li a1,2
  addi a0,a0,%lo(.LC0)
  sd ra,8(sp)
  call printf
  ld ra,8(sp)
  li a0,0
  addi sp,sp,16
  jr ra

Which, is obviously less lines and less instructions- but more importantly doesn’t even have a loop at all! Weird, right? This is because the C compiler realized that a and b never change, and so the value printed will always be 2, so instead of recomputing the value every time your program runs, it just computes it once and bakes the result in. Basically, if you make this program and gave it to someone else to run, their computer would never actually do the math - it would just print 2.

So, why did this work for the integer version and not the float version? Well, truth be told I have no clue. The way C optimizer work is ludicrously complex. What I can tell you is that, generally, simple types will work better and be faster both because the compiler will find better optimizations and (because of complex reasons regrading CPU architecture and vector operations (a very complex topic to be ignored for the moment)) more complex types just take more time anyway - see this Stackoverflow post and Integer and Floating-Point Arithmetic Speed vs Precision (Nicolas Limare) (the page is broken for graphs, but the conclusion is still relevant).

Note, this assumption isn’t always true - it does still depend on the hardware. For example, if you’re offloading computation to your graphics card, float point operations are probably faster than integer ones. That’s a much, much bigger topic for another time though.

What I want you to take from this is that you shouldn’t just use a bigger type because “it’s more than enough” if the language lets you pick. In something like Python (unless you’re using Numpy … more on that eventually) you don’t get the option, but when you do get the option, you should choose wisely and handle overflow and underflow appropriately.

Dynamic Typing #

Let’s stop thinking C and look at some python for a moment:

Go ahead and open a python interpreter and run this, typing it in an pressing enter on each line

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a = 1
type(a)
a += .1
type(a)
a -= .1
type(a)
a += 3j
type(a)
a += "w"

You should see that on the first call, python tells us the type is <class 'int'>, which checks out, but that should mean adding .1 to it won’t work. But, we can, and when we look at the type again, it’s now <class 'float'>. It turned it into a float for us! Okay, so what if we subtract that .1 back off? Huh, still a float. This mostly makes sense, the type conversions aren’t free, so once it’s been used as a float Python keeps it that way. Okay, then we can add 3j to it - this is mostly just showing off that python has built in complex number support and that it will convert to it as expected - and it does, type(a) gives us <class 'complex'>. Cool. Okay, what if we add “w”. Adding a character to a complex number makes no sense, right? Python agrees:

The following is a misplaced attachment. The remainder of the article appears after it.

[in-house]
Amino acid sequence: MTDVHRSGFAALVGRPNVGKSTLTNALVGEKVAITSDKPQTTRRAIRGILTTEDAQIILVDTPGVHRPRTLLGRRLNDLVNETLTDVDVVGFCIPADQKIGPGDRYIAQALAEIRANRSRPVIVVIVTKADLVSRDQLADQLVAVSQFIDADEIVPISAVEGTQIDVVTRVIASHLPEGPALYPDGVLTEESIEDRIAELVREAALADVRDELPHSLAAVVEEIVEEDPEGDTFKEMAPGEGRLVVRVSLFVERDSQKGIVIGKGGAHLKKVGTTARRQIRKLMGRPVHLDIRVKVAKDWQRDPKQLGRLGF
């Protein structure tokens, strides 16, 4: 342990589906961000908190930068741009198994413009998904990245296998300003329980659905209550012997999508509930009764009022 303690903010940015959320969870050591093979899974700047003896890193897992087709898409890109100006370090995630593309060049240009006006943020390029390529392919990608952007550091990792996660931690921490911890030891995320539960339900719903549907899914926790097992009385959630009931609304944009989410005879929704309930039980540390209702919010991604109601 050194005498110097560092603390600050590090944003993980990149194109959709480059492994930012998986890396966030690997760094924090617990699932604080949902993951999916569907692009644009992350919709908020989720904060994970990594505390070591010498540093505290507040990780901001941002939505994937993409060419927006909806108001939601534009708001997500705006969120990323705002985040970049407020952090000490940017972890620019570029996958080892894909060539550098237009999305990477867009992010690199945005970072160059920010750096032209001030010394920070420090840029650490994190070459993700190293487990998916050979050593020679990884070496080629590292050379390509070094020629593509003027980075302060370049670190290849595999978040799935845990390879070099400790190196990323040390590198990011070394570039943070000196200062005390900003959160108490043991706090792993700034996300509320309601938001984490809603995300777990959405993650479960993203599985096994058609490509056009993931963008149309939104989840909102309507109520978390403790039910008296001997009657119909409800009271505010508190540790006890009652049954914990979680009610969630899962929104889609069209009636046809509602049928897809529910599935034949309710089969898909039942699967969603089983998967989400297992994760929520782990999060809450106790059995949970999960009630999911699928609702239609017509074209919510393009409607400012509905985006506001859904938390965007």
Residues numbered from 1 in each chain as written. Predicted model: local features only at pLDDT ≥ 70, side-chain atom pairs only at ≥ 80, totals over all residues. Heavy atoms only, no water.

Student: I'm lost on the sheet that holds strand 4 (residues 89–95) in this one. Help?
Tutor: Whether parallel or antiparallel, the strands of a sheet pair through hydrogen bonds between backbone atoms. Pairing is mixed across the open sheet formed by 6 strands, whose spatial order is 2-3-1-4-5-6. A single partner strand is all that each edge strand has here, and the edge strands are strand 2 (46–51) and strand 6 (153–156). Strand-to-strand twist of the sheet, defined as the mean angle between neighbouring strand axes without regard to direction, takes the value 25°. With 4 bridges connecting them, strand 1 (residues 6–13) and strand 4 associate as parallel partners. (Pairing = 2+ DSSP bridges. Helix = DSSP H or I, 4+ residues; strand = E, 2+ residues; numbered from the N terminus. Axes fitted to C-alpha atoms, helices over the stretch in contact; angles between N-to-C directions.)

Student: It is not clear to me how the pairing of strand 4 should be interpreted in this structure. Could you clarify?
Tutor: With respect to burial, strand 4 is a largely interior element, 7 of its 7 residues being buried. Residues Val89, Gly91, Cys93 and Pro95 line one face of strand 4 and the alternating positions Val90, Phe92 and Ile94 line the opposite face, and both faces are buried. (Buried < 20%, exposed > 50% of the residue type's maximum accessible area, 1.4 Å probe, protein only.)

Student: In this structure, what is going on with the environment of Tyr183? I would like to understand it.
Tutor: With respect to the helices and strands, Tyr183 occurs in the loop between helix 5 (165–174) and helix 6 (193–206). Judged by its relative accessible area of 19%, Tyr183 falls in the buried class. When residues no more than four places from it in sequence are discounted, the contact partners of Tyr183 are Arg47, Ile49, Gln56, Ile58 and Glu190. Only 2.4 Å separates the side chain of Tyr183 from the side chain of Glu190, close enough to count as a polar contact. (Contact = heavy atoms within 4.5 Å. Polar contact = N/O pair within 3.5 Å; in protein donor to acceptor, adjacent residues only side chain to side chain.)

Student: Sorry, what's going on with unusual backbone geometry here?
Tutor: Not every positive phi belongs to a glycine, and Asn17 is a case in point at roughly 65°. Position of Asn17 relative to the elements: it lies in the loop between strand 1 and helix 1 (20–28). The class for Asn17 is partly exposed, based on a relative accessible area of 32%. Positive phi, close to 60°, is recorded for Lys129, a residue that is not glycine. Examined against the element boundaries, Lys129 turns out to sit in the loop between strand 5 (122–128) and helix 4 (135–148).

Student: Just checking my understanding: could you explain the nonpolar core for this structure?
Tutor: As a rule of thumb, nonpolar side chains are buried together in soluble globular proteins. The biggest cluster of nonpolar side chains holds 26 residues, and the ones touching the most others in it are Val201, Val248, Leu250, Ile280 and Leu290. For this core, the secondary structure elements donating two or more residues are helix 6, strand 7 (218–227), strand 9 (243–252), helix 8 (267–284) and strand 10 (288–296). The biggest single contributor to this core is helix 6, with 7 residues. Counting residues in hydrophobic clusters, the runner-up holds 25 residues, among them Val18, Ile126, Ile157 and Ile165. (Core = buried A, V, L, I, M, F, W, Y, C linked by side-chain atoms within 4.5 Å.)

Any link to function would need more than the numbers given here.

TypeError: unsupported operand type(s) for +=: 'complex' and 'str'

Along with this, while in C if we do 7/2 with ints we expect to get 3, in python, it will automatically turn into a float and we’ll get 3.5 (You can actually do two division signs, so 7//2 in python to get the same flooring behavior)

Type coercion #

Python is what is known as “Dynamically Typed” due to the above. C, on the other hand is a “Statically Typed” language because we have to explicitly say what type each variable is before we use it.

This, however, doesn’t mean we can’t change types. We just have to be explicit about it and deal with the consequences ourselves. Yay, isn’t C funnn. So, let’s look at something we already sort of looked at above with the ASCII table and convert a character to an int and back.

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#include <string.h>
#include <stdio.h>

int main() {
    char my_char = 'a';

    int my_int;

    my_int = (int)my_char;

    my_int++;

    printf("%c\n",(char)my_int);

    return 0;
}
Note, this example is a bit extra dumb, as C will let us do math on chars directly

This, unsurprisingly, will print b. But let’s actually look at the syntax. See those types in parentheses? Those exist to tell the compiler “treat this as if it’s this other type here”. With a character to an int, the conversion is pretty reasonable, but it can get a lot weirder.

Let’s look at a particularly famous example which converts a float to a long (basically an int, but able to hold more bits - in the video he calls it 32 bits (4 bytes) because the code it is from was written for 32-bit computers, where a long was 32-bit and not 64 like it usually is today), does some operations on it, then turns it back into a float in order to approximate the inverse square root ( \(\frac{1}{\sqrt{x}}\) ) very quickly.

This video is pretty in depth. I don’t really expect someone new to programming to follow all of it. I only have it to show why this stuff is powerful and provide motivation. I don’t expect you to be able to recreate this kind of code on your own. Most experienced programmers couldn’t either.


Okay, we’re getting there. We’ve gone over some of the mind set of programming, you’ve now ran some code in two different languages, stepped though it, and have learned a lot about data types - next up, we’ll finally look at actual logic and doing stuff on these data types.